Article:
It’s a common question for people who love food—should I scrap my current career and go to culinary school? Before you plunk down money and buy a white coat, hear what the pros have to say.

We all know them—burnt out IT professionals, jaded ad execs, people who love food and think it would be great to make it their career. I love throwing dinner parties, they say. Wouldn’t it be fun to do that every night?

But restaurant work is different, and culinary school is not cheap. Two chefs who also blog—David Lebovitz and Shuna Lydon—have tried to give a serious and realistic answer for people tempted by culinary school and the lure of the restaurant business.

According to David:

If you’re thinking about becoming a professional cook, whether or not to go to shool may be the ultimate question for you to ponder. There are some very good culinary schools, but in general, I think it’s worth getting some experience either in a restaurant kitchen or bakery before you decide to invest a lot of money in education. Perhaps the work is far more challenging than expected or the pay is going to be far (very far) lower than what you’re making as, say, an anesthesiologist.

Shuna’s ideas on culinary school run in a similar vein:

I have lost count of the people who wish they’d listened to me when I attempted to talk them out of culinary school. It is not that I think all culinary education outside of the workplace is a waste of time. But I think one should know all their options before signing a check for upwards of $60,000 for two years of education…It used to be that culinary schools required their future students to have at least some experience in the field before even being able to apply. Now the only skill a future cook needs to possess is the ability to sign a check.

And the price of a private culinary school education is not cheap. David mentions a friend of his who worked in admissions at one such school and was trained in some interesting recruiting techniques. “She was told to ask if they had any family pictures in their wallet. And when they opened their wallet, check to see if there were credit cards, which they could mention later as a source for the down payment.”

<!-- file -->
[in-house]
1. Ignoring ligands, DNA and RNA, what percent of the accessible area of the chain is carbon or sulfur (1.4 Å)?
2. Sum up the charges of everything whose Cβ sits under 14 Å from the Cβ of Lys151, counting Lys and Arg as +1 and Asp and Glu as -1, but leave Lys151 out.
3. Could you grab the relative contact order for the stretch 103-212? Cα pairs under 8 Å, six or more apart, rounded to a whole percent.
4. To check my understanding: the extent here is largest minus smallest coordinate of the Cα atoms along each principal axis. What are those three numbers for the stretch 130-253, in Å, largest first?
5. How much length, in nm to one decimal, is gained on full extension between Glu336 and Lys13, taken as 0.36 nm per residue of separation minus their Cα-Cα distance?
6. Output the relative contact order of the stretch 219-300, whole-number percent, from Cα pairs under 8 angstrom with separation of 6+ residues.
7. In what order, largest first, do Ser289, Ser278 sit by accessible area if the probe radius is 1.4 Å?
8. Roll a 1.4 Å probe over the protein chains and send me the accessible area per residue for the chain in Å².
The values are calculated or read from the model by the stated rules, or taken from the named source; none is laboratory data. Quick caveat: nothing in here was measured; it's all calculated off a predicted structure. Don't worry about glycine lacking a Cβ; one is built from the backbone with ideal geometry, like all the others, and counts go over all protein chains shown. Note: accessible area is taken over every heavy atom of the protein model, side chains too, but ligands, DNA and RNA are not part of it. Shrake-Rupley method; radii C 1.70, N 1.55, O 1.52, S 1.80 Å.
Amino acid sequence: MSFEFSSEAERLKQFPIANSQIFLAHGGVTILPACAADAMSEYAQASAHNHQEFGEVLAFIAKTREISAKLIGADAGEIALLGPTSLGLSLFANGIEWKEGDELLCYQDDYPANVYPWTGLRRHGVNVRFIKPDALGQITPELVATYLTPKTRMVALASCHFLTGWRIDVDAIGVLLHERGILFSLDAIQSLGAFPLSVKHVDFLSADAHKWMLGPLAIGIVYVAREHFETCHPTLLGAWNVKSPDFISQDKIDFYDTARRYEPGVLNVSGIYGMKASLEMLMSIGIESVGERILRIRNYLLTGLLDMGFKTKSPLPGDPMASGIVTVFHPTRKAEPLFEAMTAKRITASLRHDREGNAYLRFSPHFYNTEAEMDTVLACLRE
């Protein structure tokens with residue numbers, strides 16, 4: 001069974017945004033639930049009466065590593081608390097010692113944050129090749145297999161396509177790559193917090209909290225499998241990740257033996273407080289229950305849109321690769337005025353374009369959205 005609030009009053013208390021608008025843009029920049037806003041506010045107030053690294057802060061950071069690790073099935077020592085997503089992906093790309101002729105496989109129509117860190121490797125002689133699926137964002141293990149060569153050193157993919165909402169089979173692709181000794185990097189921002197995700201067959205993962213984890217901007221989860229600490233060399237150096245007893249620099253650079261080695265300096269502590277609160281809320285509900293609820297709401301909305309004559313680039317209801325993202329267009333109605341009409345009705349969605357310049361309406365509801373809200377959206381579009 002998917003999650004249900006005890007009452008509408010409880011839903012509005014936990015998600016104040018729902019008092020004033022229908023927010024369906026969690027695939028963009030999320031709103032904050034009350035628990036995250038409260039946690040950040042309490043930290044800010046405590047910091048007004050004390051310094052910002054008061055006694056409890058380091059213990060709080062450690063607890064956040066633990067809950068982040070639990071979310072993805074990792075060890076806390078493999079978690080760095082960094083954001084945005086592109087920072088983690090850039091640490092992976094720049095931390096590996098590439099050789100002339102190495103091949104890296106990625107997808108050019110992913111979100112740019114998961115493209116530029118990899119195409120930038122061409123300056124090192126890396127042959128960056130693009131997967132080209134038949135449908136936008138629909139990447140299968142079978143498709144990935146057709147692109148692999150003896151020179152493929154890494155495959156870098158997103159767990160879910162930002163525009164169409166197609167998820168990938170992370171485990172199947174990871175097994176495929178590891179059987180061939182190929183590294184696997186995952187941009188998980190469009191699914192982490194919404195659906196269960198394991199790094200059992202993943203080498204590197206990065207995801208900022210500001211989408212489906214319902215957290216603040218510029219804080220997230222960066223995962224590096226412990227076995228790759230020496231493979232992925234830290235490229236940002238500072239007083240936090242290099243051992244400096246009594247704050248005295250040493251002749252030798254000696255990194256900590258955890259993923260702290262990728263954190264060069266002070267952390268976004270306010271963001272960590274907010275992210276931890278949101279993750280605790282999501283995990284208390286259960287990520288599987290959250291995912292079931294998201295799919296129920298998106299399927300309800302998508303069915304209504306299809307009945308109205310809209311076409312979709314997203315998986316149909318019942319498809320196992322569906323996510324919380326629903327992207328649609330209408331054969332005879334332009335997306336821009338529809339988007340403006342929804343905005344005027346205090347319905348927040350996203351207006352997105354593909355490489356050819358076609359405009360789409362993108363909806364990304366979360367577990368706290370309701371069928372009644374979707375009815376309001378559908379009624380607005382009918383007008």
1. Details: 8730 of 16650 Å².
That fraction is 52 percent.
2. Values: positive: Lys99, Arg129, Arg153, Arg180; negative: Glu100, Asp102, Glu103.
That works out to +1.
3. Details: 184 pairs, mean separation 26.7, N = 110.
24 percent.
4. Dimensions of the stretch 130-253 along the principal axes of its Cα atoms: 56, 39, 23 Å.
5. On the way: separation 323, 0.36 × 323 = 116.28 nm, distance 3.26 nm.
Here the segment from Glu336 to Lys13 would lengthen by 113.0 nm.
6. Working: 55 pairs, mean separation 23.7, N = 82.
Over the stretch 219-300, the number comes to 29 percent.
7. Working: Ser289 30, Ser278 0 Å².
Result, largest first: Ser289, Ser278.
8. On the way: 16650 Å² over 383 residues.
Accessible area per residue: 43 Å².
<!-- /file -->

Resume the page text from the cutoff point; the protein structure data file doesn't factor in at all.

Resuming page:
An article earlier this year in the Albuquerque Tribune, titled “Celebrity Chefs Inspire Cravings for Culinary Jobs”, looked at the issue of all these culinary school grads, now in debt, and unable to make the wages they need to repay their schooling. “Cameron Cuisinier’s dreams of a catering career led him to culinary school. Now he’s unemployed and $43,000 in debt, and he’s not alone.” The high profile celebrity chefs on the Food Network shows may make it all look glamorous, but that’s a misleading picture for an industry that involves long, hard hours of decidedly unglamorous work and low pay.

“It looks really fun on TV,” said Tim Ryan, president of the Culinary Institute of America in Hyde Park, N.Y., one of the country’s premier training grounds for chefs. “You’ve got an audience adoring you. You say, ‘Bam!’ and throw some stuff on a plate and everyone goes nuts…That’s not what happens. The work is long and hard. There’s a lot of pressure.”

As Kate, at Accidental Hedonist, asks, “Do the students and graduates of these schools know what they are getting into?”

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